I hope you’re keeping up with our tales of adventure from South America. I’ve already told you about our day in Lima, and how we travelled through the Sacred Valley to Urubamba in preparation for our trip to Machu Picchu. To get to this amazing place, first you must reach the little town of Aguas Calientes nestling at its foothills, and you do that by taking a train, either from Cuzco, or as we did, from Ollantaytambo.
The Vistadome train is a rather splendid affair. It has big picture windows so you can see Peru flying past, and also some windows in the ceiling so you can appreciate the splendour of the peaks. It’s exceptionally comfortable too. Lovely big upholstered seats, similar to travelling first class in a jumbo jet (or so I would presume). The train track largely follows the course of the river, and amongst the sights are little villages, farming communities, old Inca terraces, waterfalls, and the like; most notable though is the general progression from arid infertile land to lush jungle. By the time you get to Aguas Calientes, everything is very green and dewy.
It was lunchtime when we got off the train, and although Mrs Chrisparkle and I were itching to get up that mountain, first we had to break for lunch. I can’t remember the name of the restaurant but it was well located, with a nice looking garden and obviously set up for large groups of tourists. Once again we had Causa and Lomo Saltado, working on the theory that we generally liked it and that it should be gluten-free. It was very pleasant, but with a rather slow service so that when lunch was over, I was completely desperate for my Machu Picchu experience!
The next stage of the journey is to get one of the myriads of buses that weave their way up and down the mountain making their way to the entrance. This can take some time if you have to queue at the bus stop, but our group had already played our “Don’t You Know Who We Are?” card and a bus had been specially reserved for us. Eventually we reached the entrance turnstiles. Just so that you know, you have to show your passport to get in. Bizarre, as it’s still in Peru. Still, it does mean you can flash a souvenir Machu Picchu stamp in your passport on future travels.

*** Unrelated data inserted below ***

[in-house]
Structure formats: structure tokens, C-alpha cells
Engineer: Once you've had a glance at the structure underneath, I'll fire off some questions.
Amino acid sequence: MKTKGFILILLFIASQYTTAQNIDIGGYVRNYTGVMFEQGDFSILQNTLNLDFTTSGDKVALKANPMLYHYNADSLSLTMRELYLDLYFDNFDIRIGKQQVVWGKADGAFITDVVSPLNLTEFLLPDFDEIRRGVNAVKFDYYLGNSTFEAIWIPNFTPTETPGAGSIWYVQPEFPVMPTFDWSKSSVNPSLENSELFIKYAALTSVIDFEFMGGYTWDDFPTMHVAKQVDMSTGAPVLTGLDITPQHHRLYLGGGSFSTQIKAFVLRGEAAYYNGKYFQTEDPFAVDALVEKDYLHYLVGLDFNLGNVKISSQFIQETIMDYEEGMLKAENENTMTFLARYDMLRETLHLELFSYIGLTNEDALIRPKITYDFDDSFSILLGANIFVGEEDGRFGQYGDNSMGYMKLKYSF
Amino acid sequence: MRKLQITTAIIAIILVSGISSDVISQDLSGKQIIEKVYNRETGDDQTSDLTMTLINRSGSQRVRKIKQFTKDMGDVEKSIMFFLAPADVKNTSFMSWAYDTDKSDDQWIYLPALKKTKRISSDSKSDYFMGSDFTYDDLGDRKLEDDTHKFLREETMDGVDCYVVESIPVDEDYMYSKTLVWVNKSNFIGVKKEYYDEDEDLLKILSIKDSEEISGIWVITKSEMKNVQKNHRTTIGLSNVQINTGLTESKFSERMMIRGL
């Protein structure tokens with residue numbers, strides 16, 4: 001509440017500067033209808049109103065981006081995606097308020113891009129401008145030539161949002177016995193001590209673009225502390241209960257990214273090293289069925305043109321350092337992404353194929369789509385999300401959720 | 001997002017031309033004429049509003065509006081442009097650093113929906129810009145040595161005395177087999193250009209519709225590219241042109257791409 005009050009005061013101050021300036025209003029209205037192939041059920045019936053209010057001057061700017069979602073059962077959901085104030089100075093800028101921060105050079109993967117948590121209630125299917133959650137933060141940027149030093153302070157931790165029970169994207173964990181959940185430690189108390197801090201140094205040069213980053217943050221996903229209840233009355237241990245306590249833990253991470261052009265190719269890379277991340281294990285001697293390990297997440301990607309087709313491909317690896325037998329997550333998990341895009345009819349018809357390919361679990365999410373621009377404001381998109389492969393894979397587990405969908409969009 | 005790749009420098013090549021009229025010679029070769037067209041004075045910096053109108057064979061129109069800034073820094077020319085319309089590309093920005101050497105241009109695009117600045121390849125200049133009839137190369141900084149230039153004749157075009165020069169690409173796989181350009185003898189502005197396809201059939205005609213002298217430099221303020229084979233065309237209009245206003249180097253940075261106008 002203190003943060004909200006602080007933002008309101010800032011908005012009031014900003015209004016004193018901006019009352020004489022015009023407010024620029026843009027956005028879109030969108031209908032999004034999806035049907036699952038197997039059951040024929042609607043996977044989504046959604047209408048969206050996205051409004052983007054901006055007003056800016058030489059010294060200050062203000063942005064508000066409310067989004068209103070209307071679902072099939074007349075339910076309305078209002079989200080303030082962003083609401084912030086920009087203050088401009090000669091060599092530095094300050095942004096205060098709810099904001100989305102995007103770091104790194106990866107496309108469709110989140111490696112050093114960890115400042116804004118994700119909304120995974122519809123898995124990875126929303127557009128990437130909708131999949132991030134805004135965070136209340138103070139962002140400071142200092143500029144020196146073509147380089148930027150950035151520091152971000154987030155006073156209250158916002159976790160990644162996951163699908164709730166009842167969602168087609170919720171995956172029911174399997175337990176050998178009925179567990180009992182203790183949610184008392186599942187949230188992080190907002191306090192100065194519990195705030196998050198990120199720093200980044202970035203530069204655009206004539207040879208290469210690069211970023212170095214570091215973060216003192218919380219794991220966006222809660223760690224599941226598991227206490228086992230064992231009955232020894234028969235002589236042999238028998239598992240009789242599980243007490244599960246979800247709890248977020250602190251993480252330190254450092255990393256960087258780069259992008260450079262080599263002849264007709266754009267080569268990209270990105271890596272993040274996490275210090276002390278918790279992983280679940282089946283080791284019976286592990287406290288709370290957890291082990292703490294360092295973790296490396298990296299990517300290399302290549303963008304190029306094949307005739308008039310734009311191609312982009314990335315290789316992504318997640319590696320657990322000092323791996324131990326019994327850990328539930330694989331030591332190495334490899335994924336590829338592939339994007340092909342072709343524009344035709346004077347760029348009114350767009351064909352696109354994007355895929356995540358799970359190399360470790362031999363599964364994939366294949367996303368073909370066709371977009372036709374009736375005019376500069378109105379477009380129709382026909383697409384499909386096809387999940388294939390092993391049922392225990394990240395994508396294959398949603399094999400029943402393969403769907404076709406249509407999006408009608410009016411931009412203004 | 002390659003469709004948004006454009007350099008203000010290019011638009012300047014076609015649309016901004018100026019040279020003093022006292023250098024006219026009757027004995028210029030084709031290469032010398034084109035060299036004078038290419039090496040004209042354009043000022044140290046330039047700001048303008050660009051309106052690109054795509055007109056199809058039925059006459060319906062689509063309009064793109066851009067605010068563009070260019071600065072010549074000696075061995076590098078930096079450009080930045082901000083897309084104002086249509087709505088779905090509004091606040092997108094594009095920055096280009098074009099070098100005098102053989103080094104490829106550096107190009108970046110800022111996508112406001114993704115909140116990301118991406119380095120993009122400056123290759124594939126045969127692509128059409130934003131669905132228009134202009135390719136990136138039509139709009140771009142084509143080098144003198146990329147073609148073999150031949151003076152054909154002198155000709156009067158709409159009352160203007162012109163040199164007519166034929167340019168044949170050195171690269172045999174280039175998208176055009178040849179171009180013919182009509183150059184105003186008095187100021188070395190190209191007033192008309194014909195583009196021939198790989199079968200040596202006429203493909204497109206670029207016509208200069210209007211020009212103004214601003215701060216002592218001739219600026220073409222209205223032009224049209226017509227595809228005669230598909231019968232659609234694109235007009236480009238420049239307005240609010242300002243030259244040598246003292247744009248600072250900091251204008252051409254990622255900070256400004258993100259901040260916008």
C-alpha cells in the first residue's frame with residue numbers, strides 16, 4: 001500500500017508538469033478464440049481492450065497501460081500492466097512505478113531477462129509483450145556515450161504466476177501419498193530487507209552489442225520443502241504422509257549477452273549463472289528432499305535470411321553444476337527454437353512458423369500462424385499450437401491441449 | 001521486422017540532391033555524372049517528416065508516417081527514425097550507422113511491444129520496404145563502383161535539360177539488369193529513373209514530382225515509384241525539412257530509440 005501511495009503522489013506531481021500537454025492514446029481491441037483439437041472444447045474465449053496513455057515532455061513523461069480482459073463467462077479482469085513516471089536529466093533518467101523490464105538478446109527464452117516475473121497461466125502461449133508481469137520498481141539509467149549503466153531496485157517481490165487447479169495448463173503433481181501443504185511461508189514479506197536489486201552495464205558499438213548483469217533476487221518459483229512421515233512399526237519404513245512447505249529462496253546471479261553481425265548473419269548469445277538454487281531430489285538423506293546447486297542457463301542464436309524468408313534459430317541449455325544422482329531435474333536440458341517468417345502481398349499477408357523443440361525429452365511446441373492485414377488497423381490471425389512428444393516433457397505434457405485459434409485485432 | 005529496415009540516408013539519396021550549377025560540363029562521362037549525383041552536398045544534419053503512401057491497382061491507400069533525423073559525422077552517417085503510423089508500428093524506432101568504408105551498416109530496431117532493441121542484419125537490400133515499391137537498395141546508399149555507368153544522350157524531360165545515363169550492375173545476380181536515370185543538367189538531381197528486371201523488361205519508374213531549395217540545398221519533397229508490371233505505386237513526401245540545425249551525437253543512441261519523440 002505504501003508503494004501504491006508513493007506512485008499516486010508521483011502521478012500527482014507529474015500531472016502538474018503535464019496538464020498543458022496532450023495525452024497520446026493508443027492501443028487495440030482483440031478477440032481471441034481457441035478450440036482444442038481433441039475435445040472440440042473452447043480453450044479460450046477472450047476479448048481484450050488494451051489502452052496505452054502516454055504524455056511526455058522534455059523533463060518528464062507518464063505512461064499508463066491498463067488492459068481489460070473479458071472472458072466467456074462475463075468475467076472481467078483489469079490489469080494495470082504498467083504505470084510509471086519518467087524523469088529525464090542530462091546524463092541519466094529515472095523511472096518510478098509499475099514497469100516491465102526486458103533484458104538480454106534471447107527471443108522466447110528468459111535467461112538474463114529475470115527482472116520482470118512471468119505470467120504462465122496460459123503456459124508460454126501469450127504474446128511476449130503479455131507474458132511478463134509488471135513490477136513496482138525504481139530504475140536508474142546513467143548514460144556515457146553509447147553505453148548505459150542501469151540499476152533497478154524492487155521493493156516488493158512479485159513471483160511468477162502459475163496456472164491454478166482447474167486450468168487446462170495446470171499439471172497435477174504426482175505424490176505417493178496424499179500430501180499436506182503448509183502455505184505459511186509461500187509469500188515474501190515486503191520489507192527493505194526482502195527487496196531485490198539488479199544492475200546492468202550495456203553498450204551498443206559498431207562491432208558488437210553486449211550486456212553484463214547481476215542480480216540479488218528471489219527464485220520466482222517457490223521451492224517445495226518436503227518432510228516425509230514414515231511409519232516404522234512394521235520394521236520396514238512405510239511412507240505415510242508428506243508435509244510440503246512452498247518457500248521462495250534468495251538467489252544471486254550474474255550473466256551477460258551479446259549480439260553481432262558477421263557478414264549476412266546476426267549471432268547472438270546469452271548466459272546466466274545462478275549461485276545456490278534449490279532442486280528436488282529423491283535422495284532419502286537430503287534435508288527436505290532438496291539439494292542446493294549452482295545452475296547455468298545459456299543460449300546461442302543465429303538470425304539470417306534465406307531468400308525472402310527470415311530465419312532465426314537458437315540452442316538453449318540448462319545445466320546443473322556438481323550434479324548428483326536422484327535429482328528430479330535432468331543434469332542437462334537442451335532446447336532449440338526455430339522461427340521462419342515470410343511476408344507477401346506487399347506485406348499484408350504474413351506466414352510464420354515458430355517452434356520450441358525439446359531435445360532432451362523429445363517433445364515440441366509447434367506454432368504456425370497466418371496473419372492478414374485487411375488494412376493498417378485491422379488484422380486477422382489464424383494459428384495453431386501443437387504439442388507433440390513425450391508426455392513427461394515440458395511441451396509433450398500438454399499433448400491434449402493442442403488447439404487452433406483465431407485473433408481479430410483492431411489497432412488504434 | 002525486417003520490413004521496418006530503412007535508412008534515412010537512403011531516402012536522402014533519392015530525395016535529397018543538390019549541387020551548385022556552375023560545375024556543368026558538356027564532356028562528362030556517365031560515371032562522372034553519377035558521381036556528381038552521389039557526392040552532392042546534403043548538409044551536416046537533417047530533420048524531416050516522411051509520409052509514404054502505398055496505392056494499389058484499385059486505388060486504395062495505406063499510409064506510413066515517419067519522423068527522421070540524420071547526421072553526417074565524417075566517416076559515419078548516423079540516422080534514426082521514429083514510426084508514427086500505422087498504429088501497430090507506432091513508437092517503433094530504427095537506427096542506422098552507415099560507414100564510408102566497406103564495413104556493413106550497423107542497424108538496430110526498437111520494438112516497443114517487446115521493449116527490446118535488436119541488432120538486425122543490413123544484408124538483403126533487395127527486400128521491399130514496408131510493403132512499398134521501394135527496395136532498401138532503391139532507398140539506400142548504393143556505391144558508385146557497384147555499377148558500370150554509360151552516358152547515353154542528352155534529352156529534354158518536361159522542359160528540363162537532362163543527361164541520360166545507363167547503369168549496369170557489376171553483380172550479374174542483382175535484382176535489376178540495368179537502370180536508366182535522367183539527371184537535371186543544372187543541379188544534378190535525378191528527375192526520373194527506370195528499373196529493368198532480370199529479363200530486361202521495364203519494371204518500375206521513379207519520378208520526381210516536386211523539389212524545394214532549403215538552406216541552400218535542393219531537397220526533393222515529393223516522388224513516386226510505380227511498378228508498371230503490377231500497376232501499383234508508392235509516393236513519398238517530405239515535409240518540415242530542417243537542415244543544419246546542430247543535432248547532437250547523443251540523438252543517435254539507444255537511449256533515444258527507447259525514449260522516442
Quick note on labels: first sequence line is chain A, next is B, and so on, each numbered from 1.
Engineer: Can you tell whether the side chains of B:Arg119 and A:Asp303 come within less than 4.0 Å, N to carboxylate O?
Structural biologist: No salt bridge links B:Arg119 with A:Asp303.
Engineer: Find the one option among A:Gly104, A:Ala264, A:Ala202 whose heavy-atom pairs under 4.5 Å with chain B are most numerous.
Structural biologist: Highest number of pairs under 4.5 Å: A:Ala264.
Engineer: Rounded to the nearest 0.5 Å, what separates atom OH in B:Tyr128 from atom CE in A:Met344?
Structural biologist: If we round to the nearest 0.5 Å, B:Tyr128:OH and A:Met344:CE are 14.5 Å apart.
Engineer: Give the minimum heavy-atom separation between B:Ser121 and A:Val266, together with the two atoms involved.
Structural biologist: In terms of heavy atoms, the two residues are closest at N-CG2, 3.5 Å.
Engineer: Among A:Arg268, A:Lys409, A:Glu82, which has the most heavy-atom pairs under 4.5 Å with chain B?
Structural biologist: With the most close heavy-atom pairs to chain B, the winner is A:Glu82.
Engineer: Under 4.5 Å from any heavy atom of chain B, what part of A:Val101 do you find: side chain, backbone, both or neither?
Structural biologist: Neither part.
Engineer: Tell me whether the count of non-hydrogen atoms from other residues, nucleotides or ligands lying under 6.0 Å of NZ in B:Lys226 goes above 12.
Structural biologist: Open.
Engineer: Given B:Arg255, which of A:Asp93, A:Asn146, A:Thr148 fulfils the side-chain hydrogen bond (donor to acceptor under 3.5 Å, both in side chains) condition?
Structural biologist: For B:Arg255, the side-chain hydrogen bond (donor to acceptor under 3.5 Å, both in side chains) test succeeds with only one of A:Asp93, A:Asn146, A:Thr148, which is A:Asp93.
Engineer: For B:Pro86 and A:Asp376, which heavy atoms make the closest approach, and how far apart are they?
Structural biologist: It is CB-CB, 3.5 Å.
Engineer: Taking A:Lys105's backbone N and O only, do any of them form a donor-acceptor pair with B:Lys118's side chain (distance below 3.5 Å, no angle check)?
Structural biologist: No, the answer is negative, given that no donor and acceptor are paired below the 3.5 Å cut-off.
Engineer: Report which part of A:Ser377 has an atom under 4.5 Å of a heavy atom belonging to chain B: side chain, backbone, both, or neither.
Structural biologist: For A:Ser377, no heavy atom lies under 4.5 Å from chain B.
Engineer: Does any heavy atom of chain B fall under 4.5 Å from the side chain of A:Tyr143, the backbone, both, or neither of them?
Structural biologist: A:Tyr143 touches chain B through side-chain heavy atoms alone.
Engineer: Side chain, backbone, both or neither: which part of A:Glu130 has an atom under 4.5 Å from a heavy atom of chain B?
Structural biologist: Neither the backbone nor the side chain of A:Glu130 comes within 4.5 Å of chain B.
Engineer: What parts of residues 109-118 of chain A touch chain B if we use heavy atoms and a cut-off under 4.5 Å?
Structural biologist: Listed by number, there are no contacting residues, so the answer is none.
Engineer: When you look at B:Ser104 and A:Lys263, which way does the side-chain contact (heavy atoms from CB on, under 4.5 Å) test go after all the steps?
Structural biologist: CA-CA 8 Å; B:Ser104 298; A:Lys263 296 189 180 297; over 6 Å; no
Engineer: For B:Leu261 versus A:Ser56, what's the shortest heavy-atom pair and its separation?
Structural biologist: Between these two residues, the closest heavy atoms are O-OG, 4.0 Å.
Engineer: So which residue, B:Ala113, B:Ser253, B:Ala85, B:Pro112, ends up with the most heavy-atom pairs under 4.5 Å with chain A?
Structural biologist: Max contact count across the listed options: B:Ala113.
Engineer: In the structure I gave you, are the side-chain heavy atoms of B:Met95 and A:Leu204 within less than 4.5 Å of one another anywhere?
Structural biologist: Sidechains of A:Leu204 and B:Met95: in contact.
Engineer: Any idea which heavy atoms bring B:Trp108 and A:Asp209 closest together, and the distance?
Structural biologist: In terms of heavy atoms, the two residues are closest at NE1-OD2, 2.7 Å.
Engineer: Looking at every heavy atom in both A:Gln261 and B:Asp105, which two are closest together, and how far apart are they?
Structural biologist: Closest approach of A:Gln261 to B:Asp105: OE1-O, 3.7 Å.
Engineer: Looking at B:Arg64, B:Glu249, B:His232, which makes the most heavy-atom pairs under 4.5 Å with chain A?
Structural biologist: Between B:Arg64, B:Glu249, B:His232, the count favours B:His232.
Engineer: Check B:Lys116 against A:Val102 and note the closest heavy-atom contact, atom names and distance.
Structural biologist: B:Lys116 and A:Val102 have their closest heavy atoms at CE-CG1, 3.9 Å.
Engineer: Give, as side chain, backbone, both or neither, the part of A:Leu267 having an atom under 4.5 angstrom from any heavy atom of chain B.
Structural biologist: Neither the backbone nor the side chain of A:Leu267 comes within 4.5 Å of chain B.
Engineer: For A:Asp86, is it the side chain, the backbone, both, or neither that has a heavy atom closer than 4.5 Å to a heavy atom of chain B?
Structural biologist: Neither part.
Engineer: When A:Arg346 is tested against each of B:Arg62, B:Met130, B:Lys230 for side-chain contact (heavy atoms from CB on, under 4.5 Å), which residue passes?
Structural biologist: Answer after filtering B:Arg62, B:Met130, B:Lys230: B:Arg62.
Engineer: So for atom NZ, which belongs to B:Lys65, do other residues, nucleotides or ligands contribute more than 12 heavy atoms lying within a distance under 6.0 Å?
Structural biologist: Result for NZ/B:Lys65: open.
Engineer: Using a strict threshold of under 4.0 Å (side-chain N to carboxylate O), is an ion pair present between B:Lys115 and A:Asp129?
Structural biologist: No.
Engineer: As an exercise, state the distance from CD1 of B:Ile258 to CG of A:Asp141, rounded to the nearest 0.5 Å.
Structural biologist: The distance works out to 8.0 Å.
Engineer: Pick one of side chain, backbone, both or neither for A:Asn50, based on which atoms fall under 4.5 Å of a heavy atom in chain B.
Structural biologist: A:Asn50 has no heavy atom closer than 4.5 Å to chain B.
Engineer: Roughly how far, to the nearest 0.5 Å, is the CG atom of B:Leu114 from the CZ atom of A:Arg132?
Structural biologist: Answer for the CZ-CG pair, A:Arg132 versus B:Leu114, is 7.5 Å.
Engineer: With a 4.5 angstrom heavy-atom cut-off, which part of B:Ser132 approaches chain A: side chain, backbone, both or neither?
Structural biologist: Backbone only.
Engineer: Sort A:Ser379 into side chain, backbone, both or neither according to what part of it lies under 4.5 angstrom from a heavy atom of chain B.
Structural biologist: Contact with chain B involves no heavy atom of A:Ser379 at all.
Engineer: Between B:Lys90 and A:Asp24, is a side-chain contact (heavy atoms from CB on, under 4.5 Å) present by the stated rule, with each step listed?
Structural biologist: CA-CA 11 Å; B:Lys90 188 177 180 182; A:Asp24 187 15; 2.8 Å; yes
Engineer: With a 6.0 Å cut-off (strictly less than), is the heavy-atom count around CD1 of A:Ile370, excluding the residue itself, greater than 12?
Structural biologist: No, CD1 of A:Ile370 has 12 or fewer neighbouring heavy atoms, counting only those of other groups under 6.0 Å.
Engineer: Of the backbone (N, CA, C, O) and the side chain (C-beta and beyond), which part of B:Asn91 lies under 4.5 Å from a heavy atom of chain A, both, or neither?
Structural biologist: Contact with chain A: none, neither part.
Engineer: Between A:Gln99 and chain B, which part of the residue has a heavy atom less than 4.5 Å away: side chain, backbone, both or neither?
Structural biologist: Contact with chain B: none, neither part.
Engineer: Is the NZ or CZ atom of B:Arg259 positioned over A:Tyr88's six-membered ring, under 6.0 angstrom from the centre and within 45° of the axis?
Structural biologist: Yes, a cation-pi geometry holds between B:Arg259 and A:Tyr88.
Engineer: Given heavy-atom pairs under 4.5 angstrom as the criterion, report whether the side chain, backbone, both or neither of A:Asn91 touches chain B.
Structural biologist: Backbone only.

You go through the entrance, along a little path, till you come to a fork. You can go straight on for instant access to the ruins, or take the left path up the hill to get the Classic View, which of course we did. And even though you’ve seen that picture hundreds of times before, nothing quite prepares you for the moment when you gaze down upon Machu Picchu itself. Absolutely fabulous, as the saying goes. The terraces appear to perch on the side of the hill, and you are amazed at how green the whole place is. And as a backdrop, you have the dramatic sight of Waynu Picchu mountain, which we had pre-booked to climb the following morning. You stand there, drinking it all in slowly. Of course, you’re not alone. There are dozens of people all jostling for that same iconic piccy. But you can ignore them.